problems in US sheep

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Postby woolpuller » Fri Sep 26, 2008 8:37 am

Very good Darroll.
To bad more people do not take data seriously. If they did there would be a vast improvement in the North American sheep industry
high performance, high health, high biosecurity, a truly closed Suffolk Flock
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Postby Island Shepherd » Fri Sep 26, 2008 10:33 am

http://www.scottish-blackface.co.uk/

Go to breed news and scroll down to check out the prices of some of the sires that these females are in lamb to. I think the British pound is worth twice our money right now isn't it? Or at least half again. This is one of the "cheapest" way a working man can a chance at getting top shelf bloodlines by buying an inlamb gimmer and hoping for a Tup lamb. Because top tup lambs can go for 20-50 L. All based on EBV's for performance traits. It pays because a good tup can pass on these economic traits and soon pay for himself with interest. With careful breeding the genetic improvement continues with each generation. LAI to Blackface Elite sires has payed off for us in overall flock improvement and better prices for seedstock sold off the farm.

Dave
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Postby Muleflock » Fri Sep 26, 2008 11:04 am

Bill Fosher wrote:. The neck, as we all know, is a very low value part of the carcass, so why select long ones, thereby making a low value cut a larger percentage of the overall carcass?


Hi Bill/Mary

Frame composition must be related to breed function and not used as a generalization. We are way too used to putting all our sheep breeds into one category and then using tunnel vision to select for what the expected outcome is. A hill bred, is not a maternal sire breed, is not a terminal sire breed and none of them are composite breeds.

For maternal sire breeds, at least in the BFL, the longer the neck, the longer the loin. One of the expected traits to be passed on to his Mule daughters is frame extension. The Mules relatively tubular body as compared to her dam allows for increased ease of lambing when passing out bulky terminal sired lambs while her overall increase in abdominal capacity allows for multiple lambs. So, this is one of the criteria evaluated in a progeny class of maternal sires.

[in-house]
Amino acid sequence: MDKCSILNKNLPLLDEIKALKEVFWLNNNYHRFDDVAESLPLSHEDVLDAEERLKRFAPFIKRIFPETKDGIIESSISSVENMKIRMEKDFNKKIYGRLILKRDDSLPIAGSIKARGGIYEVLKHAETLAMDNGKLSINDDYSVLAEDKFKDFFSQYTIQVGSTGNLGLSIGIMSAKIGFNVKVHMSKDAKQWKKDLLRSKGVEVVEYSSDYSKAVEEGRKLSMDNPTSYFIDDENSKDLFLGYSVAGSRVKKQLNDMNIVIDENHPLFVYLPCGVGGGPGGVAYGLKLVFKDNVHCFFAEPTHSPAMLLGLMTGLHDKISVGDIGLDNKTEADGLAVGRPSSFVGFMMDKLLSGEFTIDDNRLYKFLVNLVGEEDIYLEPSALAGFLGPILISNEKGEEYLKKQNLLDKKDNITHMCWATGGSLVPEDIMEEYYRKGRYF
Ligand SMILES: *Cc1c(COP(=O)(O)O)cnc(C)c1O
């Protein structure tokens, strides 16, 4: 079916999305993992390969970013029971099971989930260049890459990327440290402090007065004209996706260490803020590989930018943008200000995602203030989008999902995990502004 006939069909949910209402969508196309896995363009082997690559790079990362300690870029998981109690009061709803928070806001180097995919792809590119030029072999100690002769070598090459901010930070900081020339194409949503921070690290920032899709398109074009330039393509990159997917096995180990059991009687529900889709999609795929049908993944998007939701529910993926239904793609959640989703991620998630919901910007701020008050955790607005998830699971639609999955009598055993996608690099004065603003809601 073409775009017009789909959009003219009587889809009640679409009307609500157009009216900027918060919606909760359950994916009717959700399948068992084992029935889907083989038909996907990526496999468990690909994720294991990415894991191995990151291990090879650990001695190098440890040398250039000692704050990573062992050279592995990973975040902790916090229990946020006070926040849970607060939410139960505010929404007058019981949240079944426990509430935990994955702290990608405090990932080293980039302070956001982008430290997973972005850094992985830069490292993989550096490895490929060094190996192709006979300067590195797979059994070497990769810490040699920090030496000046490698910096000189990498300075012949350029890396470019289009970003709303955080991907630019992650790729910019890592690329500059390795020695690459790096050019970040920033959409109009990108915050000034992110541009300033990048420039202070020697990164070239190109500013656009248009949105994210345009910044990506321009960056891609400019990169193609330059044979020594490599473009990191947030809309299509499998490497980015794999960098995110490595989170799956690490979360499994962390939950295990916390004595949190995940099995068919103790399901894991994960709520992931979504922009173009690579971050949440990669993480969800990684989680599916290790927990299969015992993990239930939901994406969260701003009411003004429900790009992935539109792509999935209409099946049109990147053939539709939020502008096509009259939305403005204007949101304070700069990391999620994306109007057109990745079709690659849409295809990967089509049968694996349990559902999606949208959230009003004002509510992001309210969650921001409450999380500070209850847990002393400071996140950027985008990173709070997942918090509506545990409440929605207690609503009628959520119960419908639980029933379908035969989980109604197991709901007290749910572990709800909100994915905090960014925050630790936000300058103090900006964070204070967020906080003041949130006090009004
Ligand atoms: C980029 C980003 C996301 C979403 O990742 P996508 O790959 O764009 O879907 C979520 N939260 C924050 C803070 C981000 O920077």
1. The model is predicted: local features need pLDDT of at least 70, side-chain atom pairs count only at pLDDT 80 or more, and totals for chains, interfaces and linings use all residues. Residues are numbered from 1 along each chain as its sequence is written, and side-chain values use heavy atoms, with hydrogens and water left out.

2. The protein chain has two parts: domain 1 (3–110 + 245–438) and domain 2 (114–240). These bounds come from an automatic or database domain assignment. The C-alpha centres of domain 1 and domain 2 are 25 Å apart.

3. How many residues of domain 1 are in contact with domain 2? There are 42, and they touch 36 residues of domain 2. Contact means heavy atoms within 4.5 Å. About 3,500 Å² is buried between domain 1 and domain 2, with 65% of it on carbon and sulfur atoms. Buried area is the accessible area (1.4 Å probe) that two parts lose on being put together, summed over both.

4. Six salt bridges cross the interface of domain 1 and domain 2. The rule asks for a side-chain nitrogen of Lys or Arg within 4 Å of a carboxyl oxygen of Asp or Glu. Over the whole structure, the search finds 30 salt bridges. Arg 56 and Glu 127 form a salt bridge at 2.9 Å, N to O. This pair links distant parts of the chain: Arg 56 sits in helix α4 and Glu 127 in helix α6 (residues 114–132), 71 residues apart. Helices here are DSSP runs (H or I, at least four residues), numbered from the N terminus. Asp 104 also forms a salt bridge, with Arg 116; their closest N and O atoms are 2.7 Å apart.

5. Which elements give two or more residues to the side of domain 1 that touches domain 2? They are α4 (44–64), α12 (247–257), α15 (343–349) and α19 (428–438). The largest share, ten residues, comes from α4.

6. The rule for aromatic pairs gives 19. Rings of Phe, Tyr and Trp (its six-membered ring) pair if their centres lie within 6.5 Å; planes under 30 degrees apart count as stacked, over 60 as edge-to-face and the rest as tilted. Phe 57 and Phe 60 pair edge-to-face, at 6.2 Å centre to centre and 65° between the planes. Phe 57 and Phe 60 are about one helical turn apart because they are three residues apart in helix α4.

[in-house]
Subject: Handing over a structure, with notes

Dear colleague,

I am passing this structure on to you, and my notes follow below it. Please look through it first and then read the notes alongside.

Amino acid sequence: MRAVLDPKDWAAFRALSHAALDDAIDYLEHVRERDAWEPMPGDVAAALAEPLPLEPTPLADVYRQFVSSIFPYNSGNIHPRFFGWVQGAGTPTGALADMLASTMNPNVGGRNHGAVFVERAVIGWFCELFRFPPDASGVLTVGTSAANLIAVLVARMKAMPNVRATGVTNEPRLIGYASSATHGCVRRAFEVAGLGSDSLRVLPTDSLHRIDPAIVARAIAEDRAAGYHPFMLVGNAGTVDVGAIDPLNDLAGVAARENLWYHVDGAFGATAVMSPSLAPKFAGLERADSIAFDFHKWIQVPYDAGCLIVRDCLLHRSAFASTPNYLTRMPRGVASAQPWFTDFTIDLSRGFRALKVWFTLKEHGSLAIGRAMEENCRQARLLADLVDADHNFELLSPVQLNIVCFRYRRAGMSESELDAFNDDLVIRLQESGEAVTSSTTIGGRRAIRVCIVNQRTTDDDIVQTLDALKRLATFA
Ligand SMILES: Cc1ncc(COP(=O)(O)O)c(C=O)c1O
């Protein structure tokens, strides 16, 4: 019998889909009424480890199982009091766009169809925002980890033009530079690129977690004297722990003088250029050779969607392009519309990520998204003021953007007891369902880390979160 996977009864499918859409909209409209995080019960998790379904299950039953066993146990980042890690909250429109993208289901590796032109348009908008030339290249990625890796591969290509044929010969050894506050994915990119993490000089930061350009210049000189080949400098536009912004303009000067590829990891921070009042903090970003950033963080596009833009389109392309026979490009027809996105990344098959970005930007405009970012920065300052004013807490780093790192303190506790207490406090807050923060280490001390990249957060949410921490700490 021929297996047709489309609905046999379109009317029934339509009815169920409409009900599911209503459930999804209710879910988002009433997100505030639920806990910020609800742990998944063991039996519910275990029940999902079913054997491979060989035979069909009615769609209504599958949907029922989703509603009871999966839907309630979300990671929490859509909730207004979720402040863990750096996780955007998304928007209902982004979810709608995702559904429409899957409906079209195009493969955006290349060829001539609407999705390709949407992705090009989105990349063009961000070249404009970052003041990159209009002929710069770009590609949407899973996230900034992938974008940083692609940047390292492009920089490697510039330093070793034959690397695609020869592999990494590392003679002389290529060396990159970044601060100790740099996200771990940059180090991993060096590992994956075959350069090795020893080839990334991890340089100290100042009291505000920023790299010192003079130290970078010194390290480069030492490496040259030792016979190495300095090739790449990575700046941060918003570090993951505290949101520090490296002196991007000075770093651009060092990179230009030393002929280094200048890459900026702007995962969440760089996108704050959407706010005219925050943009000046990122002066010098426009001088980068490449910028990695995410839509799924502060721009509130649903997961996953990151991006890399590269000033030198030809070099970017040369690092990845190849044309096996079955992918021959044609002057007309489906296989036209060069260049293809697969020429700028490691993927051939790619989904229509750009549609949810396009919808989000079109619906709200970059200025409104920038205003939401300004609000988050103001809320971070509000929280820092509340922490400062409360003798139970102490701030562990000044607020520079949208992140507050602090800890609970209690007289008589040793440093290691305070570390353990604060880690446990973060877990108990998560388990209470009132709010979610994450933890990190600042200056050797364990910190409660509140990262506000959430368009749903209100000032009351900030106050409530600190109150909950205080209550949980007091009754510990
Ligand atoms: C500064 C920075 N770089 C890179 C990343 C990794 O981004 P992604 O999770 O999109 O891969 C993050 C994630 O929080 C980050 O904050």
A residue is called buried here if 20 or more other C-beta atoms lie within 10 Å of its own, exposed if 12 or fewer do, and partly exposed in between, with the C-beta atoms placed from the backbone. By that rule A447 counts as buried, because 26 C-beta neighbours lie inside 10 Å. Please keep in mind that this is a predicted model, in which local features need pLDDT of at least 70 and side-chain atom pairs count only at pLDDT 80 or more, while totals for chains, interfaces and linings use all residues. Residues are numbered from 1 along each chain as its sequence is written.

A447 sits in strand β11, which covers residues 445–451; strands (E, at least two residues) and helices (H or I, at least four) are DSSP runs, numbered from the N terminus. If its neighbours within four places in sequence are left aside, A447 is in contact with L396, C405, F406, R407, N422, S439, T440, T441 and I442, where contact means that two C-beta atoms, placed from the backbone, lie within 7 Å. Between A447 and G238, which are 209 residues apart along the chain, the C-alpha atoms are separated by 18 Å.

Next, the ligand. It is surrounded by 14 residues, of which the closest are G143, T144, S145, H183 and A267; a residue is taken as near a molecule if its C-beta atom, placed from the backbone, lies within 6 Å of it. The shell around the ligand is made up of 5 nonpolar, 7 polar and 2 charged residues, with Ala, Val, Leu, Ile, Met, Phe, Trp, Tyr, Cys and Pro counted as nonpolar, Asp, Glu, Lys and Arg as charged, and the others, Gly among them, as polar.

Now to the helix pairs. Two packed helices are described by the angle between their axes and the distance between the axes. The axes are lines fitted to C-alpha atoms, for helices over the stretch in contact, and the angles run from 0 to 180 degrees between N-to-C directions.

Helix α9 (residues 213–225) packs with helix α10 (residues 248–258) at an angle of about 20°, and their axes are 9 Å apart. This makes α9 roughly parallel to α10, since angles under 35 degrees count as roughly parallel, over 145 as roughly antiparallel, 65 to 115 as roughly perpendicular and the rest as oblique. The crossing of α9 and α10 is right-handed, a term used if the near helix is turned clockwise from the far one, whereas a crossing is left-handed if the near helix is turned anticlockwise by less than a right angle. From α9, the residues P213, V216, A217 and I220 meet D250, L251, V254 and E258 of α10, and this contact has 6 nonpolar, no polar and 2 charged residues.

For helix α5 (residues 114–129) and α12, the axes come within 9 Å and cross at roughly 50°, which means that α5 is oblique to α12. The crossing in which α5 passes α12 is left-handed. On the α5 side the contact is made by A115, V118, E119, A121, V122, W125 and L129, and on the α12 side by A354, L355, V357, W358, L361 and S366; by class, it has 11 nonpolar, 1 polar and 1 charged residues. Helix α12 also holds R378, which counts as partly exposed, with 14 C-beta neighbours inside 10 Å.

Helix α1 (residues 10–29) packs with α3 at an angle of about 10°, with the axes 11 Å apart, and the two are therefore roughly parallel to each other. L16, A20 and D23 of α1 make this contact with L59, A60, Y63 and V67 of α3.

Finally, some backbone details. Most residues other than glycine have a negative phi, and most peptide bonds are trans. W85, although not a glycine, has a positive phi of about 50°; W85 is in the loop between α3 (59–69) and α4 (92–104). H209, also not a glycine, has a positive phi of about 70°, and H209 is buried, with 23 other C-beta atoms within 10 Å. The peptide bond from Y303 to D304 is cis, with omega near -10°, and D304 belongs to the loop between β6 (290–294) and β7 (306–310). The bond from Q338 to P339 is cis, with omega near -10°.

Would I select for a Suffolk with pencil legs and body shaped like a dart? Nope. Would I grab a NCC, SBF, or /Clun without a good ol' tank in the middle with the expectation that they'll pass on good forage conversion? Never! Do we select for long tubular bodies in the BFL... :wink:
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Postby woolpuller » Fri Sep 26, 2008 12:31 pm

Hi Mark L:
Your comments are good.
" her dam allows for increased ease of lambing "
This statement for Suffolks is the major downfall of the UK Suffolk and one of the items that the NZ/ or Au Suffolk excels.
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Postby Janet McNally » Fri Sep 26, 2008 1:27 pm

Darroll, etc,

I am pleased to report that I have seen a definite increase in the number of people who are willing to use the EBVs as their primary guide when selecting rams. Maybe 5 years ago, the people willing to use the EBVs were a minority, but today, they are pretty much the majority of our ram buyers. I think this is a very possitive trend. But it sure has taken a long time to get there!

Incidently we routinely put our mature rams with 75 or 100 ewes and expect them to settle in 21 days. I also expect them to hold up for many years in farm flock settings. Although we have some rams west of the Missouri river, I have not yet had any rams go into range flock settings.

Janet
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Postby lovetree » Fri Sep 26, 2008 1:48 pm

Hi Mark,
I did not intend to insult you with any comments about long neck sheep...I was referring to judges picking out sheep based on cosmetic value versus performance characteristics. When Bill used the term"tubular' I had the mental image of a club lamb that looked more liker a hot dog than a representative of a performance terminal breed....no rumen and no decent carcass to speak of. I cant for the likes of me understand the club lamb phenomena with beasts getting rewarded for looking like long distance runners raised on gatorade...would take some very loooooooong aging to make those babies tender!
By the way I totally agree with a long bodied ewe...but are you sure you want to use the term "tubular" to describe your sheep?
I would think that "long bodied with ample carrying capacity" may give a more positive mental image ;-)
Mary Falk / LoveTree Farmstead
home of the dual purpose Trade Lake Sheep and the nationally celebrated Trade Lake Cedar Cheese
NW Wisconsin
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Postby Muleflock » Fri Sep 26, 2008 2:33 pm

Hey Mary,

Absolutely no insult taken here! And I couldn't agree with you more about the tubes being produced on liquid diets to avoid roughage. It's insane!

A right, sound, full bodied BFL ewe will be a tube for the first 18 months. She'll be three years in the making before she's a full figured gall. The ewes who are thick at an early age, mature early and never reach the full size as compared to the ones that just seem to grow longer and longer for a while before they broaden. Of course we are only allowed to show yearlings in this country, so they will usually look like tubes.
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Postby lovetree » Fri Sep 26, 2008 3:52 pm

Hi Mark,
I dont doubt that the girls have a rather elongated appearance,
I am just referring to the marketing angle of the subject.